The Other Woman

The Other Woman

by Daniel Silva

Overview: he was his best-kept secret … In an isolated village in the mountains of Andalusia, a mysterious Frenchwoman begins work on a dangerous memoir. It is the story of a man she once loved in the Beirut of old, and a child taken from her in treason’s name. The woman is the keeper of the Kremlin’s most closely guarded secret. Long ago, the KGB inserted a mole into the heart of the West—a mole who stands on the doorstep of ultimate power.

Only one man can unravel the conspiracy: Gabriel Allon, the legendary art restorer and assassin who serves as the chief of Israel’s vaunted secret intelligence service. Gabriel has battled the dark forces of the new Russia before, at great personal cost. Now he and the Russians will engage in a final epic showdown, with the fate of the postwar global order hanging in the balance.

Gabriel is lured into the hunt for the traitor after his most important asset inside Russian intelligence is brutally assassinated while trying to defect in Vienna. His quest for the truth will lead him backward in time, to the twentieth century’s greatest act of treason, and, finally, to a spellbinding climax along the banks of the Potomac River outside Washington that will leave readers breathless.

Deanna Boe (09/07/18): How does Daniel Silva continue to do it? Write a novel that is apropos to all that is happening around us today in our political world? His writing is outstanding! Not only is it challenging in terms of the plot, but thought provoking in terms of our leaders throughout the world. Silva is able to confront all who read his words to think beyond his plotline and what is really happening not only here in the United States but everywhere, especially Russia.

Silva quotes Lenin: “Probe with bayonets, if you encounter mush, proceed; if you encounter steel, withdraw.” Silva goes on to indicate, unfortunately, at this time Putin has only found mush. He points out how in the 1930’s authoritarian and dictatorial regimes came into power with horrendous results. Silva worries that the world today is flirting with the same powers as then. He tells how Putin wants to create political turmoil in the Western world, for instance, by interrupting our political elections. He has reached back into the KGB’s book of tricks to employ measures to disrupt our government and our lives. Putin goes so far as to use murder as recently seen in England. Silva writes how “Western-style democracy and the global institutions that created an unprecedented period of peace in Europe are suddenly out of vogue.” Just look all around the Middle East and you will see how Putin has not met “steel” from the West, and unfortunately has joined forces with Assad and Iran.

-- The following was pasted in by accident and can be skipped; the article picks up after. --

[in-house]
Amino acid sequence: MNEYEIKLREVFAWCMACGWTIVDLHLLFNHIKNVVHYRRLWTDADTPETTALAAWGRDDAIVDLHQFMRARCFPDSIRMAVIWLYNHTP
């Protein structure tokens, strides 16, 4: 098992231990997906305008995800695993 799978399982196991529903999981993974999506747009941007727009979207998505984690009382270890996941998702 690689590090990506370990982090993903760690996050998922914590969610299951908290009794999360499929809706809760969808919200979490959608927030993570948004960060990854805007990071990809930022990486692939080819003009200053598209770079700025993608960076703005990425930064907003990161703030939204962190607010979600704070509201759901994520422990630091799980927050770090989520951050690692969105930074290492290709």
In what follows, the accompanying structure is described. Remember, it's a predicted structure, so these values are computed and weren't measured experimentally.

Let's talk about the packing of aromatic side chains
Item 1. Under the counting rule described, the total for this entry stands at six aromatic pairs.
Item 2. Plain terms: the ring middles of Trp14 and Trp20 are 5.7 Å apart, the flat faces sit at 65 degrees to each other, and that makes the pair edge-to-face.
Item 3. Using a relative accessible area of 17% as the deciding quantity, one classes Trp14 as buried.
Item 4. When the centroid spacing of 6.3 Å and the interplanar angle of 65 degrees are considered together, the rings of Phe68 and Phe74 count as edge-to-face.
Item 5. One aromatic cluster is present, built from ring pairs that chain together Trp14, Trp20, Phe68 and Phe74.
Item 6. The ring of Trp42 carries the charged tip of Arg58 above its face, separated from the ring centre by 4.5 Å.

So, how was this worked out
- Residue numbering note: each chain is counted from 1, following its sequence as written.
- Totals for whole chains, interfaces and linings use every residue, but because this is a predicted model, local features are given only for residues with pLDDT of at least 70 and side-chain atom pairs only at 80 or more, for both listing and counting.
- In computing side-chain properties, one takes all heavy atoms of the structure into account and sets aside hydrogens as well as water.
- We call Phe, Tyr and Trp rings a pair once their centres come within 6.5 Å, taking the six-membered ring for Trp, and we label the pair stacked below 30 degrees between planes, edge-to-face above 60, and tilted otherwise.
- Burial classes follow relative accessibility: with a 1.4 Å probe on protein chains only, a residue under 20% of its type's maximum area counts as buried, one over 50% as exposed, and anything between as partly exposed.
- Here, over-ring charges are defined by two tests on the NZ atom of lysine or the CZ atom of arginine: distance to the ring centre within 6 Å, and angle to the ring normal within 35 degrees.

Naturally the book has Gabriel as its main character. This is Silva’s 21rst novel, and I think all of these have used Gabriel. The first books have Gabriel as a young man; this book has him much older and in charge of Israel’s secret intelligent service. The later books usually refer back to things that happened in the earlier novels, but that doesn’t take away from reading the last book if you have not read any of the previous ones.

THE OTHER WOMAN is just that, a story about a woman that the Russians took and trained from a very early age to infiltrate the highest office of England in terms of security. It is intriguing to read. Who is this mysterious lady? Just how were the Russians able to do such a clever undertaking and be successful? As usual, Silva manipulates the storyline enough to keep you guessing what will be the outcome, even though you know ultimately Gabriel will succeed. After all, doesn’t he always? Silva lives in the United States but you find yourself wondering how he has been able to become such an outstanding “spy master” using the unlikely Israeli secret service as his main connection throughout all of his writings. Silva is one of my favorite authors.

One final thought. One of Silva’s characters points out how America’s culture and politics is failing. It states how we seem to “lurch from one crisis to crisis, seemingly unaware of the fact its power is fading.” What we so “painstakingly built was crumbling.” This is depressing to think it might be true.
Rating: *****

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